Semmens justifies her choice of topic by arguing that tourism not only provides insights into the politicisation of cultural practices, but is revealing of the regime's authority when faced with popular demand. She suggests there is still more to be said about its relationship to consumer culture and public memory. The study of leisure travel is, however, a study in its own right, illuminating conceptions of space, of home, and of consumer entitlement, as well as of collective identities, defined both from within, and against an other. In its emphasis on the role of tourism in promoting (or undermining) the Volksgemeinschaft (the People's Community), Seeing Hitler's Germany can be placed in the context of current historical studies of tourism which focus on the construction and maintenance of imagined collective identities through tourism. (See, for example the recent edited collection by John K. Walton, Histories of Tourism, Representation, Identity and Conflict). Semmens has provided an original and accessible discussion of a thought-provoking and under-researched subject of historical enquiry. And as this book shows, neither the study of 'normality' nor the study of tourism requires defensive justification, not least when the prosaic acquires such significance to both the rulers and the ruled.
- K. Semmens, 'Travel in Merry Germany: tourist culture in the Third Reich' in Histories of Tourism: Representation, Identity and Conflict, ed. John K. Walton (Clevedon, 2005), p. 159. Back to (1)
- In Histories of Tourism, ed. John K. Walton. Back to (2)
I wish to thank Dr Peniston-Bird for her careful and generally positive review of my book. Only a few comments need to be made in response.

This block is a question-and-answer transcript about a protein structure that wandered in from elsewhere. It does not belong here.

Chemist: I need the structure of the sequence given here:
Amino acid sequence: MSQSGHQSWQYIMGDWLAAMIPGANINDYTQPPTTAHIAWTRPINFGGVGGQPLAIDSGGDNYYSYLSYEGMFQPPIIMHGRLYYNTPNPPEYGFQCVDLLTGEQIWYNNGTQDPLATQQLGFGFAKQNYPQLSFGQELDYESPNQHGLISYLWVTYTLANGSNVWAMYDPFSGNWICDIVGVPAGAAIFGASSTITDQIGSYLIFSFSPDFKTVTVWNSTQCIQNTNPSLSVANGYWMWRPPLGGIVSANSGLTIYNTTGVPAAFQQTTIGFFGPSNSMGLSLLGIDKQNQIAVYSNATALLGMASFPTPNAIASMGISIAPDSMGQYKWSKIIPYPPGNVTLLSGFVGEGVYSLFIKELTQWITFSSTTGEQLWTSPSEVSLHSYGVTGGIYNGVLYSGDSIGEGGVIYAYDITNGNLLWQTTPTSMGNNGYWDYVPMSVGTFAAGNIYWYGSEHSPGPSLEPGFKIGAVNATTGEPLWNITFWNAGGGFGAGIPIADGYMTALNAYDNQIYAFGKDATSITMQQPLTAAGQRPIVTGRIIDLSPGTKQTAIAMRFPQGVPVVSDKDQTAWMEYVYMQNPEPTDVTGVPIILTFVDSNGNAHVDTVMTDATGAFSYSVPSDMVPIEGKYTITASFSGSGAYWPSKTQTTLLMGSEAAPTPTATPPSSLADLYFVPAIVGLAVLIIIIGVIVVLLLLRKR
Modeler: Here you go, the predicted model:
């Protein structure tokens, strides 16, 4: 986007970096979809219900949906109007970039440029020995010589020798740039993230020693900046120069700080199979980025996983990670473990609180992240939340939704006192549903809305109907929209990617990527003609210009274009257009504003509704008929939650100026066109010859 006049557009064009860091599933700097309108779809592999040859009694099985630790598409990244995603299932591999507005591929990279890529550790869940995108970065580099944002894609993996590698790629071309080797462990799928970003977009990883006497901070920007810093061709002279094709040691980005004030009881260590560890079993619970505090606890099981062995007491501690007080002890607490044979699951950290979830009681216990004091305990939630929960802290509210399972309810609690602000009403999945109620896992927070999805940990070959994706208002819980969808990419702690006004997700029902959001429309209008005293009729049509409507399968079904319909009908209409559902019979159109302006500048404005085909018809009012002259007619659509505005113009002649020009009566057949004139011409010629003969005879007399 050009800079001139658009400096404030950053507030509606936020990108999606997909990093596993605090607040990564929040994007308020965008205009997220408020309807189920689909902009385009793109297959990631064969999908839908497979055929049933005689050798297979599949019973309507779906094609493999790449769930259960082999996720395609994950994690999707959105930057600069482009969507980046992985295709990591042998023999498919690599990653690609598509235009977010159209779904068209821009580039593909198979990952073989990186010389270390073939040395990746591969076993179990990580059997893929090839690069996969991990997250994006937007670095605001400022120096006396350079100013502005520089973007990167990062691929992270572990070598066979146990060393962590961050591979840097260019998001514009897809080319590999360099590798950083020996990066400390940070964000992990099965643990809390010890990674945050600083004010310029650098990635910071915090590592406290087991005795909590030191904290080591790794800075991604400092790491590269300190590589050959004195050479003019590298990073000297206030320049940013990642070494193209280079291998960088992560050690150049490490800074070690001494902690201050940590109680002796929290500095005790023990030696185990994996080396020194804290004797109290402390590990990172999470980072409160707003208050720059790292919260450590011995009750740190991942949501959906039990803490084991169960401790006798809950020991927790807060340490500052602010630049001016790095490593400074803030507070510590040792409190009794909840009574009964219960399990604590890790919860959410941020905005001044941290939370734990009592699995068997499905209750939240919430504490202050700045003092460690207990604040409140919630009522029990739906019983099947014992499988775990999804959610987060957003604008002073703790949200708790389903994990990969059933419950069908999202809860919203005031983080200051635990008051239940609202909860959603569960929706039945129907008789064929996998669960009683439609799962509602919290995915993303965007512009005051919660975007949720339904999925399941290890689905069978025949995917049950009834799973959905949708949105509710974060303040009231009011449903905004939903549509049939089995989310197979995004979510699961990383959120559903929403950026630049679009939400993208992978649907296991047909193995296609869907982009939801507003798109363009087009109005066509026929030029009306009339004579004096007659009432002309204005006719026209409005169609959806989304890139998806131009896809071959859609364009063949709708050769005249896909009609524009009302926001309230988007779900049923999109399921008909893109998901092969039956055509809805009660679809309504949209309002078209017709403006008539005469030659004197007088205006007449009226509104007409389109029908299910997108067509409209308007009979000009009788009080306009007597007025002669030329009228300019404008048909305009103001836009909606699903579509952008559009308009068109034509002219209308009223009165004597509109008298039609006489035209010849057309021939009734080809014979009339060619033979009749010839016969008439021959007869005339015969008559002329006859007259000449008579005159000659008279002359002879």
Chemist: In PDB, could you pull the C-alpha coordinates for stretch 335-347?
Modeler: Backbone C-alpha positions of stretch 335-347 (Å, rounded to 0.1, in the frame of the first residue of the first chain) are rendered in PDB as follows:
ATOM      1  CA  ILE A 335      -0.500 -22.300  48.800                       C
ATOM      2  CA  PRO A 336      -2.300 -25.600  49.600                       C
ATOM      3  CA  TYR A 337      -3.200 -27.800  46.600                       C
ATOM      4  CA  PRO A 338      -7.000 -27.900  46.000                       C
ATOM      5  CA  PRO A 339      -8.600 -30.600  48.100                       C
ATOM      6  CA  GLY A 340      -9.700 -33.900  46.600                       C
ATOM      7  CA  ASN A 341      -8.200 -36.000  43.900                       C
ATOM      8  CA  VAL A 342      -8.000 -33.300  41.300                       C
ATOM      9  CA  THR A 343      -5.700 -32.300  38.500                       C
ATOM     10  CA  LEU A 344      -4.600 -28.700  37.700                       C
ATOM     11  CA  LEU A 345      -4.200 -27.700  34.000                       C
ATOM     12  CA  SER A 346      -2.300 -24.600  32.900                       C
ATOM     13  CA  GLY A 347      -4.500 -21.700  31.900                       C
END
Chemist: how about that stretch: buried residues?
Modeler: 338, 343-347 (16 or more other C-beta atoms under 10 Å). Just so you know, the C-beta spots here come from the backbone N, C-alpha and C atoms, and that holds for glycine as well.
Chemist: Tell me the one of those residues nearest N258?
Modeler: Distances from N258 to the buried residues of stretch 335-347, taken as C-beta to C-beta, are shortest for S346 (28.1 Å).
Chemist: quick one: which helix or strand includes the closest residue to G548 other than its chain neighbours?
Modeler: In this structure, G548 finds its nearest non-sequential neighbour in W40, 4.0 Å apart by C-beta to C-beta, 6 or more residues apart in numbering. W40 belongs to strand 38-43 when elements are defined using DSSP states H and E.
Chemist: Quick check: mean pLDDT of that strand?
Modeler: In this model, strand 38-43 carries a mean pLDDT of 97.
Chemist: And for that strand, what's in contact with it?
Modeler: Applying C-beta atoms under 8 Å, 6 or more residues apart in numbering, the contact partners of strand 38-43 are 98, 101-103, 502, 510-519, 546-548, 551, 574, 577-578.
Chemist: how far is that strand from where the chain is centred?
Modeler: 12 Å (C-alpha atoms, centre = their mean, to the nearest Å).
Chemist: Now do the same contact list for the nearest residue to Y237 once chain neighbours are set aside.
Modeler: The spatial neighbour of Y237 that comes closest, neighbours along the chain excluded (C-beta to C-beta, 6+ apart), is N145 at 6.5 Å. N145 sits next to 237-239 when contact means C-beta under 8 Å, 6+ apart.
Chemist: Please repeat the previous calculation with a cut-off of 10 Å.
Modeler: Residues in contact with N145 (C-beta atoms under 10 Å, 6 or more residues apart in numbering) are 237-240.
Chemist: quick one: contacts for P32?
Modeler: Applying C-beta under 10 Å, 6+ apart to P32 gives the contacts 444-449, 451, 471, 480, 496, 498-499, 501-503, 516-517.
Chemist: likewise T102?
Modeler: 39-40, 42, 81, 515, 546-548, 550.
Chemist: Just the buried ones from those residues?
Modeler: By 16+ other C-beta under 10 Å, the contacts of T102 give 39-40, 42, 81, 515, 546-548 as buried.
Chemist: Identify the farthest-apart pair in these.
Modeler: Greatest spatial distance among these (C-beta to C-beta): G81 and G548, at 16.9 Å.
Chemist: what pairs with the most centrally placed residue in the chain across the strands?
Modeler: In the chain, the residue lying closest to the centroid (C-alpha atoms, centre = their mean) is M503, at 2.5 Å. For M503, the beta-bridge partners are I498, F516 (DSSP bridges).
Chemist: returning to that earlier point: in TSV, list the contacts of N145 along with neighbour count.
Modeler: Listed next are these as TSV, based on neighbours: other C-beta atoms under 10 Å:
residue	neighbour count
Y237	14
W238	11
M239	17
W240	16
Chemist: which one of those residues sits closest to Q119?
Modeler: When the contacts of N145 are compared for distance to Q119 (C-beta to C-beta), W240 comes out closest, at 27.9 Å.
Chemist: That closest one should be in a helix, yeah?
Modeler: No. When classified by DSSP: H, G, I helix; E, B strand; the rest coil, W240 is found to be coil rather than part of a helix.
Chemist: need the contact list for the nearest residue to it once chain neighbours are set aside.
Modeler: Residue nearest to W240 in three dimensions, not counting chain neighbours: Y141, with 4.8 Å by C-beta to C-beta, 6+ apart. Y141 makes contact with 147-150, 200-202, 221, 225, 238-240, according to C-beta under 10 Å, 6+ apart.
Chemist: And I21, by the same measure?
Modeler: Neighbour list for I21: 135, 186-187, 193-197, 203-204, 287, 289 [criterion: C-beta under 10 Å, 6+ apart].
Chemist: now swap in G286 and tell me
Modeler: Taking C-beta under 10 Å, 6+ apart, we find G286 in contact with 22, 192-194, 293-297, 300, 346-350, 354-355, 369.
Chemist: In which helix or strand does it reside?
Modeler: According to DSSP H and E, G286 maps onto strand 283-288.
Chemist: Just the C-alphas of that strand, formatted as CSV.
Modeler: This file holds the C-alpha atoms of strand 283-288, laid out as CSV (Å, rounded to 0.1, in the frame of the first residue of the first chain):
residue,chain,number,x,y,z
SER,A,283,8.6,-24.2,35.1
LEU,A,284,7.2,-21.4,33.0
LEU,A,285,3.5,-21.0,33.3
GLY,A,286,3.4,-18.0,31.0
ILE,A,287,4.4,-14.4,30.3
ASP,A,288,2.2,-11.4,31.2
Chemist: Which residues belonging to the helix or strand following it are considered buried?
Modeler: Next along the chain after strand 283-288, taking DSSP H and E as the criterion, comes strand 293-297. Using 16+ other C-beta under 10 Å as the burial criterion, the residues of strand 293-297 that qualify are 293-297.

It was gratifying to note that the reviewer and I share a belief in the importance of tourism as a topic both in its own right and as one able to shed light on larger historiographical issues. Yet, while Peniston-Bird asserts that defending my topic – tourism in the Third Reich – is 'hardly necessary', I am still often asked to explain and even excuse my choice to colleagues, conference participants, new acquaintances, etc. Thus, the 'defensive justifications' are, I think, still warranted. On a minor note, the reviewer describes only one of my chapters as dealing with commercial tourism specifically, when, in fact, the entire book focuses on commercial tourism. The chapter to which she refers explores how commercial tourism under Hitler interacted with, and influenced, its non-commercial counterpart, Kraft durch Freude.
I take Peniston-Bird's point that my book could have delved more deeply into individual tourists' experiences. While I do utilise guestbook entries, souvenir albums, thank-you letters and published memoirs, in addition to other sources, hearing more of the tourists' own voices would certainly have contributed a further dimension to the story.
I greatly appreciate the respect Peniston-Bird shows for my work in this review. Her summaries of my key findings and arguments are thorough, balanced and thoughtful. She highlights many of the same details I also found intriguing when I first discovered them, from the Schiller House's removal of the volume by Moses Mendelssohn to the establishment of the Hermann Esser Research Society in September 1939. I look forward to reading more of Peniston-Bird's own work on interwar tourism in Austria, since we clearly possess similar convictions about the value of tourism history.